Tesla is launching a pilot program for non-Tesla electric vehicles to use its Supercharger network for the first time.
The pilot program is based at 10 Supercharger locations in the Netherlands.
Over the last few months, Tesla has indicated that it plans to open the Supercharger network, its extensive global network of fast-charging stations, to electric vehicles from other automakers.
Today, Tesla announced a pilot program to test non-Tesla EVs on the network:
“Today we are launching our Non-Tesla Supercharger pilot at 10 Supercharger locations in the Netherlands. Access to an extensive, convenient and reliable fast-charging network is critical for large-scale EV adoption. That’s why, since opening our first Superchargers in 2012, we have been committed to rapid expansion of the network. Today, we have more than 25,000 Superchargers worldwide.”
As we previously reported, the Supercharging experience for non-Tesla EV drivers is handled through Tesla’s mobile app, and it is very similar to the Tesla driver experience.
All they have to do is download the app and choose the “charge your non-Tesla” option:
Then they add a payment option and they can charge at the select few Supercharger locations that are part of the pilot program:
- Apeldoorn Oost
However, unlike Tesla drivers, non-Tesla EV drivers are going to have to initiate and stop charging sessions through the app instead of simply unplugging the car. They also need to select the correct charging stall in the app.
These stations are all in the Netherlands where Tesla is conducting the tests.
In Europe, Tesla is using the CCS standard, and therefore, any EV with a CCS connector can use the stations without the need of an adapter, which is going to be required for Tesla to open the Supercharger network in North America.
Tesla notes that non-Tesla drivers are going to be charged more than Tesla drivers on the Supercharger network:
“Pricing for Non-Tesla drivers reflects additional costs incurred to support charging a broad range of vehicles and adjustments to our sites to accommodate these vehicles. Rates vary by site, and you can view charging prices in the Tesla app. The per kWh price to charge can be lowered with a charging membership.”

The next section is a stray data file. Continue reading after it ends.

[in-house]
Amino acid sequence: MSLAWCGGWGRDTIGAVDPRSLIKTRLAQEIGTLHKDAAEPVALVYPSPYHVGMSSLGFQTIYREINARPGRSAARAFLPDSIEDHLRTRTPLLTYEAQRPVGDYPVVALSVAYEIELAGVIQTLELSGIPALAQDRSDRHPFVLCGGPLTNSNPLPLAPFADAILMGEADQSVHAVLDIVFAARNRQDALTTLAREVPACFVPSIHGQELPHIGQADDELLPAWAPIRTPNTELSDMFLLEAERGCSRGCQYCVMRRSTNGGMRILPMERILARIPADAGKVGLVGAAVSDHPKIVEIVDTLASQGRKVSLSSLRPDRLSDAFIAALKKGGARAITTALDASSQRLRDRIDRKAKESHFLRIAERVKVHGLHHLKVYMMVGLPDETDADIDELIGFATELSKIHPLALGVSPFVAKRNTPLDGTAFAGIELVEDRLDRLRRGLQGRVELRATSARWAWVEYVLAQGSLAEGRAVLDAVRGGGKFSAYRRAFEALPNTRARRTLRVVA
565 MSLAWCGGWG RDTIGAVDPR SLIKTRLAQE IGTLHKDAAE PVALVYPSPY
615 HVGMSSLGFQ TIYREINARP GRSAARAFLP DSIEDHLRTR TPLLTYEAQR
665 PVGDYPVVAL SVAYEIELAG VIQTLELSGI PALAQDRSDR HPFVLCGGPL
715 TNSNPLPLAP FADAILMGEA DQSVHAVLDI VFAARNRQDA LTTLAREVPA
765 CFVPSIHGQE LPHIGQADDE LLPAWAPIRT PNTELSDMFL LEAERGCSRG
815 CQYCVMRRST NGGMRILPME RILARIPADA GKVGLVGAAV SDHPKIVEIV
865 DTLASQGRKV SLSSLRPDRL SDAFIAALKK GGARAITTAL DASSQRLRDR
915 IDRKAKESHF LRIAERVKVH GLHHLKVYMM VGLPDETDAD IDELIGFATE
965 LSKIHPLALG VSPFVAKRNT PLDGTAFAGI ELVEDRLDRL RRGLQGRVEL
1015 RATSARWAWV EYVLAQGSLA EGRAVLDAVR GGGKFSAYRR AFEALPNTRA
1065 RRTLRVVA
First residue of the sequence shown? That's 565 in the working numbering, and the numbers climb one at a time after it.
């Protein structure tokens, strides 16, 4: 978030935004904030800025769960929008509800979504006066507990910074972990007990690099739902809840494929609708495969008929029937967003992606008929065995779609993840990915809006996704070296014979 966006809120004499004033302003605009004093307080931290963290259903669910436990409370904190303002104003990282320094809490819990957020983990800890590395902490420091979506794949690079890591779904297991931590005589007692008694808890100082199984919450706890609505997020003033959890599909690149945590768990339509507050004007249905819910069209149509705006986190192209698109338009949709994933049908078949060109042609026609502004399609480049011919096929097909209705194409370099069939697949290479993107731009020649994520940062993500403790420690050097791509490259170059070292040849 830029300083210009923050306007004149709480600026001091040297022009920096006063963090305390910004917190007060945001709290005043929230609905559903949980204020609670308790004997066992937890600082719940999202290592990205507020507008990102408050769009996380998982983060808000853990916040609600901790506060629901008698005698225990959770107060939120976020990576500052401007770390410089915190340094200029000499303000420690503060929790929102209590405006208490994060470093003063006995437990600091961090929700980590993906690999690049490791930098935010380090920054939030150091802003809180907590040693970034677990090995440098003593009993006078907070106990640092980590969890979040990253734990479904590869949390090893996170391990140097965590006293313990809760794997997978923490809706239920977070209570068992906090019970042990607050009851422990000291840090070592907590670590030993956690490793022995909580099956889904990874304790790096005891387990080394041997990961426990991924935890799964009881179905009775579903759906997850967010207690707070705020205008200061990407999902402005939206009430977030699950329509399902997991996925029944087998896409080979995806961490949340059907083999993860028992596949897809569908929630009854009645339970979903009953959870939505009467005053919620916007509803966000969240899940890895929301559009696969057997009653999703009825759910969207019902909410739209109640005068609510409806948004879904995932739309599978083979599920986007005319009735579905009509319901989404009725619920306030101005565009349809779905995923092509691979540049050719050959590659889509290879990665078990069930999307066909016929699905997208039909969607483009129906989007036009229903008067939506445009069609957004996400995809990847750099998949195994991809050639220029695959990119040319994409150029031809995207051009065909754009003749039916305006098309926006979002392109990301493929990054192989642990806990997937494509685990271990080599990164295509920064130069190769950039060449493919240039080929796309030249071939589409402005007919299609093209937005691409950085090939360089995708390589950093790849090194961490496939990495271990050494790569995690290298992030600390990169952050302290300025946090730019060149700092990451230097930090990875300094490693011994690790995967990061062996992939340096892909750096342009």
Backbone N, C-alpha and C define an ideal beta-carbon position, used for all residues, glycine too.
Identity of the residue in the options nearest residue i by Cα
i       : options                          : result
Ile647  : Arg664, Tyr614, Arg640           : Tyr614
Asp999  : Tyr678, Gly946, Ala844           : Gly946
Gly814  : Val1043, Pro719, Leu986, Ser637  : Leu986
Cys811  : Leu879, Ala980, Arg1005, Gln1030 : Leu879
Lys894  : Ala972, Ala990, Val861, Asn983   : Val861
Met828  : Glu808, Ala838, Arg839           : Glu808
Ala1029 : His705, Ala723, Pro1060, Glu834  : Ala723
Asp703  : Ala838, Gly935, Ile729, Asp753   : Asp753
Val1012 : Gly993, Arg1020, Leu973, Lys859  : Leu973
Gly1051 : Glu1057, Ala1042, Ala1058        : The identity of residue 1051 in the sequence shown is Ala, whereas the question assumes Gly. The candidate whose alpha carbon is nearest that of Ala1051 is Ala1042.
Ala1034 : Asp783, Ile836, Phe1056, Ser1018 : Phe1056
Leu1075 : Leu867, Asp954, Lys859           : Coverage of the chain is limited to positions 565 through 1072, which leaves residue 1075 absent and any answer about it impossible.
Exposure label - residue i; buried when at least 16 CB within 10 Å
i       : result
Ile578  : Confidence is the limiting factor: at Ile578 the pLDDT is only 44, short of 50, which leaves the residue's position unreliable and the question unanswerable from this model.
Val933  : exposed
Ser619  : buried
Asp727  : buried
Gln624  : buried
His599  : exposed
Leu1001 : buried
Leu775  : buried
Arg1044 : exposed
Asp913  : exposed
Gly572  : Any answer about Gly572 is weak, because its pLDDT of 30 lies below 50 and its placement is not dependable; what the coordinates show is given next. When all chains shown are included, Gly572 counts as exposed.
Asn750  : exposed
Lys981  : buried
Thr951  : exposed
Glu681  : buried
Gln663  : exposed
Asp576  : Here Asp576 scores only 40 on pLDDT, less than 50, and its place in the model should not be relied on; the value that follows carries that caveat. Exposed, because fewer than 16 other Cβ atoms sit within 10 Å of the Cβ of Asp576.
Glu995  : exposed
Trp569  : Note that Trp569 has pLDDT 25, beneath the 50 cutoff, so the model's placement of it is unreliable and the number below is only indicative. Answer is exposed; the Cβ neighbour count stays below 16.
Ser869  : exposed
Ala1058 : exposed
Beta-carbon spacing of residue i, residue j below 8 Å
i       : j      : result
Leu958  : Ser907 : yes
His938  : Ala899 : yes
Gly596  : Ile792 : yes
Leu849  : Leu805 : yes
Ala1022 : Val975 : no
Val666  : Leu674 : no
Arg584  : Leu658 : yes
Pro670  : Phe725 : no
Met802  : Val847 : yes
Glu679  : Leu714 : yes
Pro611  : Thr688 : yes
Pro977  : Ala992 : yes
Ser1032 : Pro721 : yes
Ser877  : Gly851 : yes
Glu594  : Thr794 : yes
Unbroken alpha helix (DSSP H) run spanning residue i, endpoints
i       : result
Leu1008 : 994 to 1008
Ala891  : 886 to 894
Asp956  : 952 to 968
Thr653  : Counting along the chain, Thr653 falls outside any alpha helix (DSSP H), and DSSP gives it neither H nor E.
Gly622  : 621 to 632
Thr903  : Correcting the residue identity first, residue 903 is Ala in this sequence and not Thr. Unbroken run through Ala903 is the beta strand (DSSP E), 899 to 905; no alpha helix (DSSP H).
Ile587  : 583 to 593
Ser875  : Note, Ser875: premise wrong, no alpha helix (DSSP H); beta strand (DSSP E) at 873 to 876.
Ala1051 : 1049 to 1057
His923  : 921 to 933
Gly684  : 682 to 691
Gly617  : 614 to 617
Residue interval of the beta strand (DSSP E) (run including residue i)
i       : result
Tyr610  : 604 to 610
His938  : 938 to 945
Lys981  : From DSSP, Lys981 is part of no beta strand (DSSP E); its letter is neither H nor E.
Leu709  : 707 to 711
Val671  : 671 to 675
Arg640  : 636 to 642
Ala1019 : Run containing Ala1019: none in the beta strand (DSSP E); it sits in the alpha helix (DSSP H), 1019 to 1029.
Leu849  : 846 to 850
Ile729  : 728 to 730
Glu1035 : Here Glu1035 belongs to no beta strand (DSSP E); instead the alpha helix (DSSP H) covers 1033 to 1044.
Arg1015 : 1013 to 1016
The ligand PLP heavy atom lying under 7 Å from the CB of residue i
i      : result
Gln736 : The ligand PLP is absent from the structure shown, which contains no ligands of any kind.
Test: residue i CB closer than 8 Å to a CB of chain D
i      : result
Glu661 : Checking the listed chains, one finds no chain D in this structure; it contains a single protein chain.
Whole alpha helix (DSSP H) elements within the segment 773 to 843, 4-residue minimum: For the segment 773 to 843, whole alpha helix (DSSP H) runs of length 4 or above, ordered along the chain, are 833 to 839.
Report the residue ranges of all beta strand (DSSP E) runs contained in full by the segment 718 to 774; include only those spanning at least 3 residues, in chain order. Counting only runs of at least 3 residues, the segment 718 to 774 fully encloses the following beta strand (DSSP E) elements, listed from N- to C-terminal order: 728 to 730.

The automaker also encourages Tesla drivers to use those stations as normal since it is trying to monitor the station for congestion and the overall experience as they onboard non-Tesla drivers on the network:
“Tesla drivers can continue to use these stations as they always have, and we will be closely monitoring each site for congestion and listening to customers about their experiences.”
Tesla wrote about opening the network today
“It’s always been our ambition to open the Supercharger network to Non-Tesla EVs, and by doing so, encourage more drivers to go electric. This move directly supports our mission to accelerate the world’s transition to sustainable energy.”
The automaker added that the goal is still to open the network worldwide over time including the US where infrastructure incentives might be in play.
The app was found to have the addition over the weekend and for non-Tesla owners in the Netherlands, the ability to use the Tesla app to charge should soon be available.
Additionally, Tesla notes that the Supercharger cable might not be able to reach all EVs and warns users (for instance Porsche Taycan?) not to park in such a way to block other stalls if this is the case. Obviously this won’t work with Chadamo DC fast charging and cars without CCS combo adapters.
Supercharger cable reach all EVs?
Certain Supercharger site layouts may not be suitable for some cars. Please do not obstruct other cars by parking over the lines if the cable cannot comfortably reach your car.
Do Supercharger posts support all connector types?
This pilot is only accessible for CCS-enabled vehicles. If a Supercharger post has two cables, Non-Tesla cars can only charge with the CCS connector. If the connector does not fit your car, please report it to Tesla Customer Support.
Big news in the world of charging today. Eventually Tesla’s charging network could be another cash cow for the company as it charges higher prices for non-Tesla EVs. Tesla aslo owns the experience at these locations and can use that to entice other EV owners to switch to Tesla and/or sell them goods and services.
Big Win today for not only Tesla but the larger EV community which will benefit from more charging options.
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